A typical day in the life of an engineer on the Gymglish Tech Team

So you’re a computer guy or gal. You’ve been communing with them ever since you popped out of your mom’s front-end. Got your first PC at age 2, hacked your first government at 8.

Your first mobile app, a revolutionary system to track pigeon migration patterns in real-time, was bought by Amazon for a cool 10 mill. They’ve sidelined it since, but we know it’s only because they’re scared of what it could do on the open market.

You’re on the fast-track to dev heaven, and now it’s finally time to put your skills to the test: Full-stack, Python, Django, Angular, Github, Linux and Gameboy Advanced. You have what it takes, and now you are “sprinting” towards your next employment opportunity. 

Gymglish is here to help. Let’s take a look at how an engineer at Gymglish, maker of online language courses, spends a typical day, even if we all know there’s no such thing. Hopefully, it’s compatible with your vision board.

8.30 am: Nothing is happening because you’re still at home, frantically pounding on the snooze button for the fifth time. You take a deep breath and relax, knowing that the Gymglish Team won’t arrive at the office until 9. Grab another coffee or tea, consider taking a shower today or doing some light stretching. It’s going to be a good day. There may be a commit or peer review in your future.

9.45: You’re at the scenic Gymglish office in the heart of Paris’ most happening district, the 12th arrondissement. You’re waiting on a coffee and rubbing elbows with your fellow Gymglish colleagues, many of whom you don’t recognize because they are all wearing face masks. No, not because COVID is still going on, but because it’s “Mask Monday” and someone forgot to add you to the group text chain. You’re justifiably pissed off. An intern puts his hand on your shoulder, and knowingly says “Hey, I’ve been there… let me add you to the group chat on Telegram”. You reluctantly give him/her your number and download an application called “Telegram”. “I thought this was only for terrorists,” you mutter, and the intern smiles knowingly.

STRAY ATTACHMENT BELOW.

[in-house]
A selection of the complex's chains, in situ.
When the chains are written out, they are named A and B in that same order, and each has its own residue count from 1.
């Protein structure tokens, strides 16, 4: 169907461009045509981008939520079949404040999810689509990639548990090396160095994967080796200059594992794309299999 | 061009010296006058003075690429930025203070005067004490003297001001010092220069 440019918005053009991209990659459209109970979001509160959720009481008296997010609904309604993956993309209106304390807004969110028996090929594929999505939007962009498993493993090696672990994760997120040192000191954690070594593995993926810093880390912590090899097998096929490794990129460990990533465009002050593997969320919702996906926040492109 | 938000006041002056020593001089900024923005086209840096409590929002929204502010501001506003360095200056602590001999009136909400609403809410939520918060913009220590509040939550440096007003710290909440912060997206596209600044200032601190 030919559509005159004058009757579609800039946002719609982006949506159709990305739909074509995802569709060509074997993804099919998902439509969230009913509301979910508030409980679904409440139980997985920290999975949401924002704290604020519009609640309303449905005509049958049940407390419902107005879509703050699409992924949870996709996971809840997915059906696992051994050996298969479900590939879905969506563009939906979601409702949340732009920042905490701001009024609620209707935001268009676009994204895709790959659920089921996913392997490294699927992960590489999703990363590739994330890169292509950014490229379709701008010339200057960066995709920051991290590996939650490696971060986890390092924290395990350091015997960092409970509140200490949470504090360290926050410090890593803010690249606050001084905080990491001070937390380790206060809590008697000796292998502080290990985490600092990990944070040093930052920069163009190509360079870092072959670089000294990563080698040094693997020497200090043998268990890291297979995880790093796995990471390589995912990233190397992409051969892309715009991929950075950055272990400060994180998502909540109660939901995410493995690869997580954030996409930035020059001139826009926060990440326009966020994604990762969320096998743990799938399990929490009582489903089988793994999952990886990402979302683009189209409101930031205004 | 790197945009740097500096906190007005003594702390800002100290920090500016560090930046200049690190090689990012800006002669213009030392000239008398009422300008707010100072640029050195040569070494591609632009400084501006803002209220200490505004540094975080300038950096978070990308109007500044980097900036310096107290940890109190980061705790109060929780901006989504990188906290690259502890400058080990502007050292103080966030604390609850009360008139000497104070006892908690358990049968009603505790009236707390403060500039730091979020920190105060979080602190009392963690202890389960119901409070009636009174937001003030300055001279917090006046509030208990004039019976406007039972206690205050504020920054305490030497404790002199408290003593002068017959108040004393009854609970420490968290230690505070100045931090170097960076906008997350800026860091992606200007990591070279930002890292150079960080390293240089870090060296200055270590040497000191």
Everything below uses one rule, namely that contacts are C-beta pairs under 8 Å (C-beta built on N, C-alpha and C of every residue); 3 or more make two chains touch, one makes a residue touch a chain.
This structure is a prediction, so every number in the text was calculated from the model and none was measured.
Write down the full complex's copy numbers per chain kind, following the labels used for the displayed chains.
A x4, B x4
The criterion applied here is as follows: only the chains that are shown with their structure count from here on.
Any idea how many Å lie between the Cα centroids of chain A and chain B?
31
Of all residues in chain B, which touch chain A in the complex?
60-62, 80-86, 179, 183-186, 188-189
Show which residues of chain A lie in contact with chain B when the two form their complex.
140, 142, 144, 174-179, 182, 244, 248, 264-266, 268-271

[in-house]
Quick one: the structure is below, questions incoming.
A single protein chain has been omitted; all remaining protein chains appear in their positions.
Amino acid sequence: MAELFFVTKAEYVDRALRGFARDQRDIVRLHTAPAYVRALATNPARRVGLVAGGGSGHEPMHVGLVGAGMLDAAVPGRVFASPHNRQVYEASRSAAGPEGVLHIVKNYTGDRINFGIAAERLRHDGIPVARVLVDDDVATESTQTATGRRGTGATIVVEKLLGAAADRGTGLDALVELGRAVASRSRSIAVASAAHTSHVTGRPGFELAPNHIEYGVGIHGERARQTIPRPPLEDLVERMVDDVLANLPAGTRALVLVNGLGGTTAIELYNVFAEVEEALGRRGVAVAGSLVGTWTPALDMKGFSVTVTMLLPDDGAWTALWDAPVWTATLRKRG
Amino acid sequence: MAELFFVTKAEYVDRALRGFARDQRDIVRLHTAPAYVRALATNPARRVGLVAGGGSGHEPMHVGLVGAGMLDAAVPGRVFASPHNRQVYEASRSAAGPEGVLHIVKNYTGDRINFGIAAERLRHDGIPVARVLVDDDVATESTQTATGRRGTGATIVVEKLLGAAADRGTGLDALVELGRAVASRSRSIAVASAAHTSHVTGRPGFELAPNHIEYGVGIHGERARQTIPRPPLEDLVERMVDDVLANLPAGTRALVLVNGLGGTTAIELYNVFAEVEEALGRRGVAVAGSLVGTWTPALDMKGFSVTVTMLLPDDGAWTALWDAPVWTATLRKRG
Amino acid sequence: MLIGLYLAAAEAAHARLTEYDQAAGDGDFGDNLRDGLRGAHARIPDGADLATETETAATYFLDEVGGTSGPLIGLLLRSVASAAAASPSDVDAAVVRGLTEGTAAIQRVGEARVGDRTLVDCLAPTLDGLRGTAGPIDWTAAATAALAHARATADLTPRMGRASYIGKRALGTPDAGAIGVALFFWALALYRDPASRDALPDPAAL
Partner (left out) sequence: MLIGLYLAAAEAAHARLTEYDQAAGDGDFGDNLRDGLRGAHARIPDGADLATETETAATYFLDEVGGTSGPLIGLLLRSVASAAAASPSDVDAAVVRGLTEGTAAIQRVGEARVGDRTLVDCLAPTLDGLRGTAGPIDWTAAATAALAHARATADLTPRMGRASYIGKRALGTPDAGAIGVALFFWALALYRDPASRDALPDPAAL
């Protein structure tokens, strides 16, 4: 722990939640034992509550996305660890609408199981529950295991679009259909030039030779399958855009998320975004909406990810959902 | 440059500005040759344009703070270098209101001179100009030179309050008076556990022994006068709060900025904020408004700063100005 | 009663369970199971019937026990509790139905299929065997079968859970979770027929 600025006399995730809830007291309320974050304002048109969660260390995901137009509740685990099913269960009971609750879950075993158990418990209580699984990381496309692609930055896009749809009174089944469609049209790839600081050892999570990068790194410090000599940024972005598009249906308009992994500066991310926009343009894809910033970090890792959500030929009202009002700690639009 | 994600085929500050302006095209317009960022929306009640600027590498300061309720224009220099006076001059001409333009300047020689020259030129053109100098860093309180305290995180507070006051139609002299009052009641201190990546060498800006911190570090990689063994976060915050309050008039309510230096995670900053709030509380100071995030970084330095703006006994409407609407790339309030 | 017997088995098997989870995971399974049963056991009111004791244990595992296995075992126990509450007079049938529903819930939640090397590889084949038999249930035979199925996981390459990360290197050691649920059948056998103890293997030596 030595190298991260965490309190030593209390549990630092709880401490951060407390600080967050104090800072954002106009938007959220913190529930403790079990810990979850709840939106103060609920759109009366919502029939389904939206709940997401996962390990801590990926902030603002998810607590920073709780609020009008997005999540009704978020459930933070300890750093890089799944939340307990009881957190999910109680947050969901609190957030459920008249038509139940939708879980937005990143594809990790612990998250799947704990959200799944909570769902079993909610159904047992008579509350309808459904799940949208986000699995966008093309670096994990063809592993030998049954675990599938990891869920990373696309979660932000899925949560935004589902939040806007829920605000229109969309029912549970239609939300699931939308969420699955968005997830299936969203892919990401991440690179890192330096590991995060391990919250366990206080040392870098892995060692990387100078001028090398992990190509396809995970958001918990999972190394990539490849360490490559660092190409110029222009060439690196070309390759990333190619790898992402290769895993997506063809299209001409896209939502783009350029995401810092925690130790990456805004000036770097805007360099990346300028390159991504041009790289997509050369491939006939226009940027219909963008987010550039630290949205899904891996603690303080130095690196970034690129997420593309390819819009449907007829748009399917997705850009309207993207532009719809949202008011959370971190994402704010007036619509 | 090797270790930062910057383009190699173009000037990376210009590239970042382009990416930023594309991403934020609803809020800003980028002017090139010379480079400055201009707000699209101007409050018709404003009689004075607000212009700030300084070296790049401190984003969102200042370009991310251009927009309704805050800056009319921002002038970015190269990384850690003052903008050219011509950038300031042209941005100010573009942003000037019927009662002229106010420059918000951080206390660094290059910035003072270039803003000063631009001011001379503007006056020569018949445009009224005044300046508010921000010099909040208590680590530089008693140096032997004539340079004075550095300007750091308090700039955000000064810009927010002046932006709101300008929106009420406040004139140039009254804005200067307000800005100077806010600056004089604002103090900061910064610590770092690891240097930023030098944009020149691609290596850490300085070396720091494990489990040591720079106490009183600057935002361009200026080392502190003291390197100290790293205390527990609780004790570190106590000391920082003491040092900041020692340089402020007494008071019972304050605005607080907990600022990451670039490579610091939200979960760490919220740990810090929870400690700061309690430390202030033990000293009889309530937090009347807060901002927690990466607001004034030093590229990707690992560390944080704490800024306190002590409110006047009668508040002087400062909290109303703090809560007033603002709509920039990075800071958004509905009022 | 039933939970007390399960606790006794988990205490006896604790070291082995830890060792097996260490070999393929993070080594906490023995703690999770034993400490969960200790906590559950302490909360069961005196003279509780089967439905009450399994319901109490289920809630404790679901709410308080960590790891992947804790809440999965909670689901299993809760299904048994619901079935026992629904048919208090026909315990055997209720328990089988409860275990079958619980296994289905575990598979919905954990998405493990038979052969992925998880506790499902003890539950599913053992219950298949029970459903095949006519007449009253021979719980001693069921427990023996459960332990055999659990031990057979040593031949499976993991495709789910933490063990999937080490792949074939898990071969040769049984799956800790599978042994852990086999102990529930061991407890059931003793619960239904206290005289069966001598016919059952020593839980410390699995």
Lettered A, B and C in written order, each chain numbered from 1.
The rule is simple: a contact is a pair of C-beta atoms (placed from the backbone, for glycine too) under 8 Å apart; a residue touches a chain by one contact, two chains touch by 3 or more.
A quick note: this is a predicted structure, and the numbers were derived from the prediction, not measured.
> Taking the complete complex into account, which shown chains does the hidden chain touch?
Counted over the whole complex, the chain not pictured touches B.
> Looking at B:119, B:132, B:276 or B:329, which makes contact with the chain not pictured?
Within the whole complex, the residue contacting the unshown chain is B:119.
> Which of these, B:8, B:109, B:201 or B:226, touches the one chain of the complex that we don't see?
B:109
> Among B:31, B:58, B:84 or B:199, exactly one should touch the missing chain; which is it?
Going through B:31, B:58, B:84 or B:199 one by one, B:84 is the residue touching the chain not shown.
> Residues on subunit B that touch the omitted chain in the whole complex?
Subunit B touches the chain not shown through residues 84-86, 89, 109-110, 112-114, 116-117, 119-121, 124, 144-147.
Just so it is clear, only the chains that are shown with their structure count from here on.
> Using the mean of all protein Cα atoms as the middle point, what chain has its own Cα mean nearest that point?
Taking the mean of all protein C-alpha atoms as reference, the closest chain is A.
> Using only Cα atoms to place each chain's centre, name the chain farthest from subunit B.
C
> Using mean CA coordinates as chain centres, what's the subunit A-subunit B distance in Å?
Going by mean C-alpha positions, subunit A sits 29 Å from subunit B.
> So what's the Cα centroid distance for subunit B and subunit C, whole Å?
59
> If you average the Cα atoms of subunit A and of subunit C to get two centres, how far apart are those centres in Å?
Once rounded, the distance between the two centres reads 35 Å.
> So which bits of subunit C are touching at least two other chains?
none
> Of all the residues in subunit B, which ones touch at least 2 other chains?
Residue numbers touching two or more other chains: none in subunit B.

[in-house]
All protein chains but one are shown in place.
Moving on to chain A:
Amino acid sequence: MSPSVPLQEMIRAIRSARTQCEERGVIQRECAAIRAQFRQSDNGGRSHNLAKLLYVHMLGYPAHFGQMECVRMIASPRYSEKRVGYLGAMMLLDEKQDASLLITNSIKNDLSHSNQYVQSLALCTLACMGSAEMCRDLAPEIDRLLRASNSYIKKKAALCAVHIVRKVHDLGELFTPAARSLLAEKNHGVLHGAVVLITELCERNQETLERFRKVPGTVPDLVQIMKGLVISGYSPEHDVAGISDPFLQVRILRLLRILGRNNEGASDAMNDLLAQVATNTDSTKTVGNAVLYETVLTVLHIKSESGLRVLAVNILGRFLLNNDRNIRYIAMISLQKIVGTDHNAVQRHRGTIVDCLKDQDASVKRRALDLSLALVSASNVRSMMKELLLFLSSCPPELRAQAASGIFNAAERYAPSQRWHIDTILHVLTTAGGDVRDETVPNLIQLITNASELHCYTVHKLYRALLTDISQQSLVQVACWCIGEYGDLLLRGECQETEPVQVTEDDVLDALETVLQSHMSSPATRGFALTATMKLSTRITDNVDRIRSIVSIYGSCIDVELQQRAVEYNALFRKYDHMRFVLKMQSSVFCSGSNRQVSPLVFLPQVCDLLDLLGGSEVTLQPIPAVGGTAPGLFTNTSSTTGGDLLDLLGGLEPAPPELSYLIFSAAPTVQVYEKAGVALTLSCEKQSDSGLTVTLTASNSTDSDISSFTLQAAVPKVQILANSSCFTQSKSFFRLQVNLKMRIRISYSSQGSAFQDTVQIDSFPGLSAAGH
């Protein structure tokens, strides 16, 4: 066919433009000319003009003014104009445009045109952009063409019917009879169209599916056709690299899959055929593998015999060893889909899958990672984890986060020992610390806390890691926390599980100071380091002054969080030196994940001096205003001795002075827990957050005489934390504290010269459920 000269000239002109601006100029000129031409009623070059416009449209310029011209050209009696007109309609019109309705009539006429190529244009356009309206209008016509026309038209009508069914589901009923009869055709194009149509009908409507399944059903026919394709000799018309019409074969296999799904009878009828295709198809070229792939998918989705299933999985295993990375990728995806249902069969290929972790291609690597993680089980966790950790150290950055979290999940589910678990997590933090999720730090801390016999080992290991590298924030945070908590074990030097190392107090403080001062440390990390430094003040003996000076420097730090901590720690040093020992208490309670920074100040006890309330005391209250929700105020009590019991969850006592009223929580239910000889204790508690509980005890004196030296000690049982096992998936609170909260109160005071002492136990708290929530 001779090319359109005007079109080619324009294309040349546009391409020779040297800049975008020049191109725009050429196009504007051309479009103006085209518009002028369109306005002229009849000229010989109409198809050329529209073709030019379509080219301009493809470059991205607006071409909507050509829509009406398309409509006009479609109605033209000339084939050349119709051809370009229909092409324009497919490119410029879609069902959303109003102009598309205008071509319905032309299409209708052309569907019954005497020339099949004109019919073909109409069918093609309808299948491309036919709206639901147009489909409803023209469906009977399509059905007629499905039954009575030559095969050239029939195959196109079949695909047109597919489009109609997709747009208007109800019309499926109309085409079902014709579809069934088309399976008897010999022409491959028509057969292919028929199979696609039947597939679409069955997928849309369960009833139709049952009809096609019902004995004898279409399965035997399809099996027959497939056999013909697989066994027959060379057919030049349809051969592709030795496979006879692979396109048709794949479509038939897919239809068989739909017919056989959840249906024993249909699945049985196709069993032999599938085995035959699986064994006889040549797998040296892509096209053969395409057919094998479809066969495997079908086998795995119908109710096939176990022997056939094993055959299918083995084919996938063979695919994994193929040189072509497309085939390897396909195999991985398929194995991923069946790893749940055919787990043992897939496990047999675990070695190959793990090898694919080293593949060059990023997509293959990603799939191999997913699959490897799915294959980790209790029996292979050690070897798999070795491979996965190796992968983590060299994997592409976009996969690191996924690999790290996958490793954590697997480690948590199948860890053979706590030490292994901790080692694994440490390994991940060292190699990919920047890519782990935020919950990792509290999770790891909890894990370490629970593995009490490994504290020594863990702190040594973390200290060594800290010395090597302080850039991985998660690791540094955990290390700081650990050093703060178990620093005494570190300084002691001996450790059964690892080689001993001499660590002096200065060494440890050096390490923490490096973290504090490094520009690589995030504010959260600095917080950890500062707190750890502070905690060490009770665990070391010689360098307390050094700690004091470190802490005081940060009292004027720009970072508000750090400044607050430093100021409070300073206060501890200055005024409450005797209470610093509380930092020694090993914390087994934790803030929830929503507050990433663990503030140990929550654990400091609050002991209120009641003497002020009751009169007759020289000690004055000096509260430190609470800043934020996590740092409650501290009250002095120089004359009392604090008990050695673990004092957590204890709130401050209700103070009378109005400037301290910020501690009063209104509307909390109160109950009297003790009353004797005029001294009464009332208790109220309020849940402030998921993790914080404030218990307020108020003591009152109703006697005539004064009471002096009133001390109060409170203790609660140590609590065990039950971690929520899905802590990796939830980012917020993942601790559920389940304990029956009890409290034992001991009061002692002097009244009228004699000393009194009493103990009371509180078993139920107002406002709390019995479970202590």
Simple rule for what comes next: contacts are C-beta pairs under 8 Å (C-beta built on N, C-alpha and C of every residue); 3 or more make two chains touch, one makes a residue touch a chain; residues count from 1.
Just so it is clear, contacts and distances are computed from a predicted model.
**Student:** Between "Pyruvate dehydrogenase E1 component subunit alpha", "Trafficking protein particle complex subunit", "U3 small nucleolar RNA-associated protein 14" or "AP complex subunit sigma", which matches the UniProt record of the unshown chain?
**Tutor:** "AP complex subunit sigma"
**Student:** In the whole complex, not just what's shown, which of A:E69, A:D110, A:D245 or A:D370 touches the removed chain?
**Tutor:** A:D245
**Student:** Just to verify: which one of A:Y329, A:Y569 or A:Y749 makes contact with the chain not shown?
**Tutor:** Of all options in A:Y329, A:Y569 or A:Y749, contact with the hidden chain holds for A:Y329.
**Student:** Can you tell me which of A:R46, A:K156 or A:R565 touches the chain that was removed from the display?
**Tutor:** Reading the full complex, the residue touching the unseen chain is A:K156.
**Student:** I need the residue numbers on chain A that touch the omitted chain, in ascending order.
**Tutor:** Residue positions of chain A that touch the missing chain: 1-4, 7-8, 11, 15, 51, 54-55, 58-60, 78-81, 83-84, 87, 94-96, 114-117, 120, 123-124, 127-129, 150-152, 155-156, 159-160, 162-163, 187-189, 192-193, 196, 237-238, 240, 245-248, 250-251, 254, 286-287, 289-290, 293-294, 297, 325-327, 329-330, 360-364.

10.15: You’re at your desk, which seems to have been hastily assembled using two mismatched bricks and a door that apparently fell off its hinges. You fire up Basecamp, Jira, and something called VS code. A senior engineer explains the Sprint planning, and promises you a real desk if you make it past your probationary period. You learn about the division of the workday: “Focus” and “Team Time”: Focus for coding and advancing on issues in the current sprint, Team Time for meetings, discussions, email, resolving issues and preparing for the next Focus block. You feel energized, ready to help your non-developer colleagues, while preserving time for coding. It’s all coming together nicely.

1.15 pm: Your brain is the size of a watermelon, having performed a morning’s worth of extreme programming in Focus mode. Very cool. You check with your colleagues to see what the plan is for lunch. Your engineer buddies let you know that eating is for the weak, and the strong must stay and code for the benefit of the hive. You can’t tell if they’re kidding, but the marketing team kindly invites you to grab a salad, kebab or poke bowl, whichever sounds more appealing to you, dear job candidate. Gluten-free options are of course available upon request.

2.30pm: You’re back at your desk, stomach full of poke and heart full of joy. Someone offers you a Gymglish water bottle, encouraging you to hydrate while promoting the company. Again, you can’t tell if they’re serious or if this is a weird initiation thing. You move back to one of your five screens: It’s Team Time. You eagerly check your emails and Basecamp chats, hoping to eliminate some pesky bugs for your adorable but technically inept colleagues. You’re in luck: bugs galore. You exterminate with prejudice, surprising yourself at your capacity for violence. You need a breath of fresh air, so you decide to peer review a fellow engineer’s commit. You’ve never felt closer to god.

4.45: You’re still knee-deep in Team Time, but you’re thinking that variety is the spice of life. You start planning for tomorrow’s Focus block – re-reading specs that the “client” has prepared for you, and consulting with your fellow fellows. You also use the bathroom, because that is very much allowed at Gymglish, nay, even encouraged. On your way there, you brush up against none other than Antoine Brenner, aka Brinx, co-founder of Gymglish,  legendary long-hair open-source developer, Board Game enthusiast, VLC contributor,  Scuba instructor, and Linux cluster aficionado. There’s no way not to be impressed. You manage to flush the toilet without incident.

6.15: The workday is coming to a merciful end, and you, friendly dev, killed it. Your teammates invite you to an impromptu apéro in the kitchen, and you’re not one to say no to an apéro. “Code hard, play hard,” that’s what they taught you at Code school, and what you had tattooed on your lower back in Japanese Kanji. This is an offer you can’t refuse. With a frosty beverage in hand, a smile on your face and a large dose of hand sanitizer on the table in front of you, you reflect on the day’s events. You laugh about the PHP meme circulating on Basecamp, and pat yourself on the back for the dope MySQL search you executed around noon. In the words of Ice Cube, today was a good day.

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